For California employees, both the federal Family and Medical Leave Act (FMLA) and the California Family Rights Act (CFRA) provide up to 12 weeks per year of job-protected, unpaid leave because of:
- (1) the employee’s serious health condition, or
- (2) to care for an immediate family member (spouse, child, parent, or, in California, domestic partner) who has a serious health condition, or
- (3) for the birth or adoption of a child or for the foster care placement of a child; or
- (4) certain situations for active duty military members and their immediate family members
“Serious Health Condition”
One of the key phrases in FMLA or CFRA leave is that the leave time must be taken to treat a “serious health condition.” Serious health conditions include:
- An overnight stay in a hospital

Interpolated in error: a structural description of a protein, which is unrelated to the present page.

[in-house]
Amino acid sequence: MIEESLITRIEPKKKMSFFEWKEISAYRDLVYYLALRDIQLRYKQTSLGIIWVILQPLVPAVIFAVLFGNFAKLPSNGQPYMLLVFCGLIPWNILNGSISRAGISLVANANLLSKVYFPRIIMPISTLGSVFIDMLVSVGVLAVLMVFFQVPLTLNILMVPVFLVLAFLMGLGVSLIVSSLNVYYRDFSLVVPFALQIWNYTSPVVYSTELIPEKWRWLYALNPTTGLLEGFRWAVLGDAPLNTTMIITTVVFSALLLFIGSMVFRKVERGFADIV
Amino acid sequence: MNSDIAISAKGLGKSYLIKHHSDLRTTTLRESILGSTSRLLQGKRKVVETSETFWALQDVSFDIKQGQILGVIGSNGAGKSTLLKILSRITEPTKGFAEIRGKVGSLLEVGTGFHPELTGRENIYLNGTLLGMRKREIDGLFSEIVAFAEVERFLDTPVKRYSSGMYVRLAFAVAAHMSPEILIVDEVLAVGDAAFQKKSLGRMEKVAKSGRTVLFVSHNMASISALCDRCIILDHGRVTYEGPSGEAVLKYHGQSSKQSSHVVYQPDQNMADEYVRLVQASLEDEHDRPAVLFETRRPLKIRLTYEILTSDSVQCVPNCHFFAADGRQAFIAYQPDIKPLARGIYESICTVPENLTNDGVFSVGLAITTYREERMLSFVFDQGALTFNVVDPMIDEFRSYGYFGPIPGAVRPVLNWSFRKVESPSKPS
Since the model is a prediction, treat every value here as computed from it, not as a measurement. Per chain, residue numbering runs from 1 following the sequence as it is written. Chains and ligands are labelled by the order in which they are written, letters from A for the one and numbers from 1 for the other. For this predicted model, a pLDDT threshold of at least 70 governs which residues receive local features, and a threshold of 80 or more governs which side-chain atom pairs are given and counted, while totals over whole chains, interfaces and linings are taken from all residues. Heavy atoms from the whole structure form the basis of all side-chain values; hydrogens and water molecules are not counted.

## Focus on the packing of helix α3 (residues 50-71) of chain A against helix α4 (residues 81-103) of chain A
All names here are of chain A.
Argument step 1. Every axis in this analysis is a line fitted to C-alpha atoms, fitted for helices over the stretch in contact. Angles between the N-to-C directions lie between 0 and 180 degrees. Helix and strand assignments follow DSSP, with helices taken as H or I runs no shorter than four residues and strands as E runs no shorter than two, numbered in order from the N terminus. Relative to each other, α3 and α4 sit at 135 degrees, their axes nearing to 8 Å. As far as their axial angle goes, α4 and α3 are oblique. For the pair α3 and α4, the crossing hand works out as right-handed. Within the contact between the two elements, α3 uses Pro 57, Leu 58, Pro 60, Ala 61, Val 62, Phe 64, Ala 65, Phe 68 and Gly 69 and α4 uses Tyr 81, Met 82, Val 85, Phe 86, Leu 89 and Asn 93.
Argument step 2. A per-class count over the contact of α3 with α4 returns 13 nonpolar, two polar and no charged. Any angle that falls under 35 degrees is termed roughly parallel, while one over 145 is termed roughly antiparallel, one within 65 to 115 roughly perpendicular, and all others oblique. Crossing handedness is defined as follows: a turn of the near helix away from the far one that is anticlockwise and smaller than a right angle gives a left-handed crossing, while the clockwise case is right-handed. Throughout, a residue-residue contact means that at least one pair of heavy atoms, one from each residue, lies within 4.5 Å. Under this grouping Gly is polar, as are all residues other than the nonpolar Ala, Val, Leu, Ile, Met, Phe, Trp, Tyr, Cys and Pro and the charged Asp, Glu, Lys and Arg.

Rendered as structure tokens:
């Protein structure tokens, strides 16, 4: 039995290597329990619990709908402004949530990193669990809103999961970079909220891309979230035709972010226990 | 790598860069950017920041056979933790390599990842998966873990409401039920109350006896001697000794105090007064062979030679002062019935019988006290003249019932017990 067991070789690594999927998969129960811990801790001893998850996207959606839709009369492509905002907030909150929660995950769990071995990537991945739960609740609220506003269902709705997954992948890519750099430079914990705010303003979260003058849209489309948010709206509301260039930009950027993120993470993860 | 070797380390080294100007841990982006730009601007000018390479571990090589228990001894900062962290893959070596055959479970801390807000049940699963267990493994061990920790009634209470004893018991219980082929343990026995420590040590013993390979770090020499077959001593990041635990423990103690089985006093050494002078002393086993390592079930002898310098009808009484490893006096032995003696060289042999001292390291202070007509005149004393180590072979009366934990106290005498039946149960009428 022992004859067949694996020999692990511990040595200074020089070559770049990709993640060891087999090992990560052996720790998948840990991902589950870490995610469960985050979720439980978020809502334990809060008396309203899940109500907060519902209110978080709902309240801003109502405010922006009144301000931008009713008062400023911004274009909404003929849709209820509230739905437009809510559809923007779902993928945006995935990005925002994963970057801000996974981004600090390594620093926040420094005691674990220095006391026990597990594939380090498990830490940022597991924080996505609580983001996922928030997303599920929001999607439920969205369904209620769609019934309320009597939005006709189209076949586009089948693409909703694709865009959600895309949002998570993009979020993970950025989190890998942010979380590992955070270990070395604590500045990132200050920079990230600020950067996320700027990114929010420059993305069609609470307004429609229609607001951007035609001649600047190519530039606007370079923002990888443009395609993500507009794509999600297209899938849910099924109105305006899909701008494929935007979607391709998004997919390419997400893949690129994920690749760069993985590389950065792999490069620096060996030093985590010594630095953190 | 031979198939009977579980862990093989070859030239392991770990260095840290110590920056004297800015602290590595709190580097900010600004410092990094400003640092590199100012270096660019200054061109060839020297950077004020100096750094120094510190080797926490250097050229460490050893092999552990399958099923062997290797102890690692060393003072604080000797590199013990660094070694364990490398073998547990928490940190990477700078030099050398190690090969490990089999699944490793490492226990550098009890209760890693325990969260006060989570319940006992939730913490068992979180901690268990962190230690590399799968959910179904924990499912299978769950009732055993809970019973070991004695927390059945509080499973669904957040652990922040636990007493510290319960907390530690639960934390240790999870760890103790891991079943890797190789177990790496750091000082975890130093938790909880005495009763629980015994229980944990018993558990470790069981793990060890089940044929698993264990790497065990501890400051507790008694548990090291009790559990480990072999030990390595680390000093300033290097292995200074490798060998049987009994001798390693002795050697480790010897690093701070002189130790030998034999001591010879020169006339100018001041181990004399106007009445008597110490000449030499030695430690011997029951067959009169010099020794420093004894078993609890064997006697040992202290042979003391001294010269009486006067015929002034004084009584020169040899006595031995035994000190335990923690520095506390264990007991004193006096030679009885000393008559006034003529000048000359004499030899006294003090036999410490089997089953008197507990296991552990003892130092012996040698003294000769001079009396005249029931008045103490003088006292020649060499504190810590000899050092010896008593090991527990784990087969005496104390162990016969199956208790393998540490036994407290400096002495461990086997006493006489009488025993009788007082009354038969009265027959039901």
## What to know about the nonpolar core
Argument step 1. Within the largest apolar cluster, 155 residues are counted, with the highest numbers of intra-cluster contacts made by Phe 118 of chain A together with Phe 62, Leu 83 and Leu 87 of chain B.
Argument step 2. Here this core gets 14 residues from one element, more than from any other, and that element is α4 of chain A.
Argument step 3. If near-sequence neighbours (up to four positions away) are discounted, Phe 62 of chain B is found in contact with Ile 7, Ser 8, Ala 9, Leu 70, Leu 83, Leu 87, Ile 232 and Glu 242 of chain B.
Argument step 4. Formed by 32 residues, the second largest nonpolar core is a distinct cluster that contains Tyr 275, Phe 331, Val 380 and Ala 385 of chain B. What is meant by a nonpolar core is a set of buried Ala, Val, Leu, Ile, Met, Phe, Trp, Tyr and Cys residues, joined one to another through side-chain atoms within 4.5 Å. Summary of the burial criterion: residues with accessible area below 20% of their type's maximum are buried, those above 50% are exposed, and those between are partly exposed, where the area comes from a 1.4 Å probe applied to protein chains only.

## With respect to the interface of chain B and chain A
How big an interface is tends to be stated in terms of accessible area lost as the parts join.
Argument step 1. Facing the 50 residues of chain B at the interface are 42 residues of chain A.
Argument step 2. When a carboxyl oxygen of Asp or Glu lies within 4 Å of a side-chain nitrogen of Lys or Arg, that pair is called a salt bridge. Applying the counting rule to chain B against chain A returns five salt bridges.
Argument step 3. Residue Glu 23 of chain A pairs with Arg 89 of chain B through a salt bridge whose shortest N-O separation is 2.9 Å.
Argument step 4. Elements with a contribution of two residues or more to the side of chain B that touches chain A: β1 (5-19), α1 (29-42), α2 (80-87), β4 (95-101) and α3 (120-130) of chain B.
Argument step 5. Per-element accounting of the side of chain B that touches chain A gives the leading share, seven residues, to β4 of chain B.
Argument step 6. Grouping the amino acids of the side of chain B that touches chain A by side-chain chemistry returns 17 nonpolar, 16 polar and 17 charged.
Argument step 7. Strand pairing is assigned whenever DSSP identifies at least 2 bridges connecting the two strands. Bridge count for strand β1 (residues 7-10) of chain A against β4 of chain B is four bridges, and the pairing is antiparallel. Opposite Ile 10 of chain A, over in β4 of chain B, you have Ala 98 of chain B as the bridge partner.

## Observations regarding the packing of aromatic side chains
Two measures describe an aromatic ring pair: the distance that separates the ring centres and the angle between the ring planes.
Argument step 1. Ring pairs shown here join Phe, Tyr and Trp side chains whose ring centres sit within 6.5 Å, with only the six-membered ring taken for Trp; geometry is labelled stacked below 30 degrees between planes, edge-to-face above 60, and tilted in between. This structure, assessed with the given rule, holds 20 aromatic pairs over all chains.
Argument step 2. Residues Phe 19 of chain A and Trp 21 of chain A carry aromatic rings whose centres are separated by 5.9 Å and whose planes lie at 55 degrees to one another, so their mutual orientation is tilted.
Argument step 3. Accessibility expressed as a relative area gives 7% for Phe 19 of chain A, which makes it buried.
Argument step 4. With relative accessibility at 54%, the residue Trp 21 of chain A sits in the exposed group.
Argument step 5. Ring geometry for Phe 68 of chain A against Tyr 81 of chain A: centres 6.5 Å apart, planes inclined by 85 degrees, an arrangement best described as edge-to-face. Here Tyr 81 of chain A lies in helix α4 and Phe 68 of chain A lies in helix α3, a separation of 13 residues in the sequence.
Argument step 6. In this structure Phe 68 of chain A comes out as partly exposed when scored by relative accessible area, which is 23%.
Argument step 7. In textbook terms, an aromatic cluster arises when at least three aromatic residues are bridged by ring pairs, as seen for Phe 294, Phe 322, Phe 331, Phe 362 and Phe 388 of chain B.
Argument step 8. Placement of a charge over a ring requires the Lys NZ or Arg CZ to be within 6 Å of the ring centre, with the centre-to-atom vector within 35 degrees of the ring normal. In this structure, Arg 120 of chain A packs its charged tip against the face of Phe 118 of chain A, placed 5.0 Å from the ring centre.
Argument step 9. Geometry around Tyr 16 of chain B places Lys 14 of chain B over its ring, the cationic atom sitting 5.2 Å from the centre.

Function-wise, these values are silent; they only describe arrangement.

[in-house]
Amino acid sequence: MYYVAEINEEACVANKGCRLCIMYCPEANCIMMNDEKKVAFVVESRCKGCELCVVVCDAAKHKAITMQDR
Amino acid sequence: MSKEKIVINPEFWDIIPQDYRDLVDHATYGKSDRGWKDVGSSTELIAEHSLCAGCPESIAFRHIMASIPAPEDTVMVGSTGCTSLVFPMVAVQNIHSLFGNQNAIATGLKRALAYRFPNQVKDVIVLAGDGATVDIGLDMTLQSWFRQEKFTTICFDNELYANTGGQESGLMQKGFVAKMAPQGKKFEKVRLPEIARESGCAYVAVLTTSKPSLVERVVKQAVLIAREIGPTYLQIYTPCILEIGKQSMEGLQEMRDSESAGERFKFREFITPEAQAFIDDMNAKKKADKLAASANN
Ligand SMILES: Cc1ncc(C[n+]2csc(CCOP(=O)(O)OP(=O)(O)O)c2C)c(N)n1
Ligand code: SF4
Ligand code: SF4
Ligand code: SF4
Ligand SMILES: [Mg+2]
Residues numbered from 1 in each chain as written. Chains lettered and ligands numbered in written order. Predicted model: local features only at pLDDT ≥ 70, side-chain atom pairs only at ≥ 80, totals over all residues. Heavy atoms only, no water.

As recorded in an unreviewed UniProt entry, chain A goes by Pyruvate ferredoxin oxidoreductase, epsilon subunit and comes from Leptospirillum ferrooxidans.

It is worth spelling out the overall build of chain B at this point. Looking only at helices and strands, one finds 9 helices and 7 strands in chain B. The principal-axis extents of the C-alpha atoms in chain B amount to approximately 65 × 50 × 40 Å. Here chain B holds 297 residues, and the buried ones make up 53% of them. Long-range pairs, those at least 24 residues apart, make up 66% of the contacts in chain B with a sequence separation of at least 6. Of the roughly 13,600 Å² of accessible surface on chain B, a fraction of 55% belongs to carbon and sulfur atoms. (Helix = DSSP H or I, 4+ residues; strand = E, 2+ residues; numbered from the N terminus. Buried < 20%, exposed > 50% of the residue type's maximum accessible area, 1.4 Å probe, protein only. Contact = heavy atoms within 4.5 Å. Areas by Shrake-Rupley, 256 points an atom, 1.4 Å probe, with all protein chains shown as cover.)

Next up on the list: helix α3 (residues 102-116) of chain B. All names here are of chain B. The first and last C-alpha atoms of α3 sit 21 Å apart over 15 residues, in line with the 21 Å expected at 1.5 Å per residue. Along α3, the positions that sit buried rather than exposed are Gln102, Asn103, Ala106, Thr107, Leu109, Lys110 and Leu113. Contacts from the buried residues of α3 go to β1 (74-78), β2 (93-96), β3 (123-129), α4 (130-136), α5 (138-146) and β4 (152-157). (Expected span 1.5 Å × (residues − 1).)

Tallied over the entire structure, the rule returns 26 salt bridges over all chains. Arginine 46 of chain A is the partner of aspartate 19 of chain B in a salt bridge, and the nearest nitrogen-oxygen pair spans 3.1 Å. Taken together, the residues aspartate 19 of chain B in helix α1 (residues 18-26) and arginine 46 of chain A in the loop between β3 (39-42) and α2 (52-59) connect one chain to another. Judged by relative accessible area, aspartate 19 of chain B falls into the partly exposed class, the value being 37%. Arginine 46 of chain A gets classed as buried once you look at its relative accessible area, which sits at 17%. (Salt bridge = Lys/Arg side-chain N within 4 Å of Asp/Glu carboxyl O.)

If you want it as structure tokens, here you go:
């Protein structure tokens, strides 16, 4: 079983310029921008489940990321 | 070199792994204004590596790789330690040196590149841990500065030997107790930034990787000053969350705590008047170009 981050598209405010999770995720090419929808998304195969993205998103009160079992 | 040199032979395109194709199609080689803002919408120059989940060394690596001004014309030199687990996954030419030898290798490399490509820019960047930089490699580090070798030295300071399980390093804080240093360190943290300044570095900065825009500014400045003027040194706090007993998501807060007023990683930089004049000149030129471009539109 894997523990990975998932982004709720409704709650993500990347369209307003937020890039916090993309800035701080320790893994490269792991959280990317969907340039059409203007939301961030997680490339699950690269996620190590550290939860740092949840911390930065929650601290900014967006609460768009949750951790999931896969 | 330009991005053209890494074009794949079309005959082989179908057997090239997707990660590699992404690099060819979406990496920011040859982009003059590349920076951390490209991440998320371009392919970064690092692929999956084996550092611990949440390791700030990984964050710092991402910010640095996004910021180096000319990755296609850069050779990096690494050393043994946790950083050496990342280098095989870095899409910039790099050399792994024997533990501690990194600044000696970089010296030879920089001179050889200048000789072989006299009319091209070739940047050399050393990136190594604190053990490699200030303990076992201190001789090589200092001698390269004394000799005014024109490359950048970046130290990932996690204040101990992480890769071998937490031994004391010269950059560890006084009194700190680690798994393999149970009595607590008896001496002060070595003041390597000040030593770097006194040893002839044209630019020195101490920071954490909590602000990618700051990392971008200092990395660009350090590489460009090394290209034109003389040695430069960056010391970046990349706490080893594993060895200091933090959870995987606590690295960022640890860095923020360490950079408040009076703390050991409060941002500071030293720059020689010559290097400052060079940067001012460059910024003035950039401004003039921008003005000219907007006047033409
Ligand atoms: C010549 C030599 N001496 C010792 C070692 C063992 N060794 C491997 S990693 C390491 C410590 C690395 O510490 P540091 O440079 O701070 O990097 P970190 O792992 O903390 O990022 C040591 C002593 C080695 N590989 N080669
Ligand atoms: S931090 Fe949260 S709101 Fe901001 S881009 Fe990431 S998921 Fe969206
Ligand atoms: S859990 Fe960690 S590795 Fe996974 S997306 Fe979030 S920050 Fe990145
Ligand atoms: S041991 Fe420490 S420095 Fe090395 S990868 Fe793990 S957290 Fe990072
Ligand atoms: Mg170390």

- Being incapacitated for 3 or more consecutive days, and (i) receiving two or more treatments by a health care provider within 30 days, or (ii) continuing treatment under the supervision of a health care provider
- Taking time to treat a chronic health condition such as asthma, diabetes or epilepsy which requires periodic treatments for an extended period of time
- Conditions which require multiple treatments such as cancer treatments (e.g. chemotherapy or radiation), severe arthritis, kidney dialysis, or restorative surgery
- Pregnancy. Under the FMLA, pregnancy is a serious health condition if the employee is unable to work. However, in California, the right pregnancy leave, even if the woman is able to work, is protected under the Pregnancy Disability Leave Law.
It is important to note that many routine illnesses are not “serious health conditions.” For example, ordinarily, unless complications arise, the common cold, the flu, ear aches, upset stomach, minor ulcers, headaches other than migraine, and routine dental problems or diseases do not meet the definition of a serious health condition and do not qualify for protected medical leave.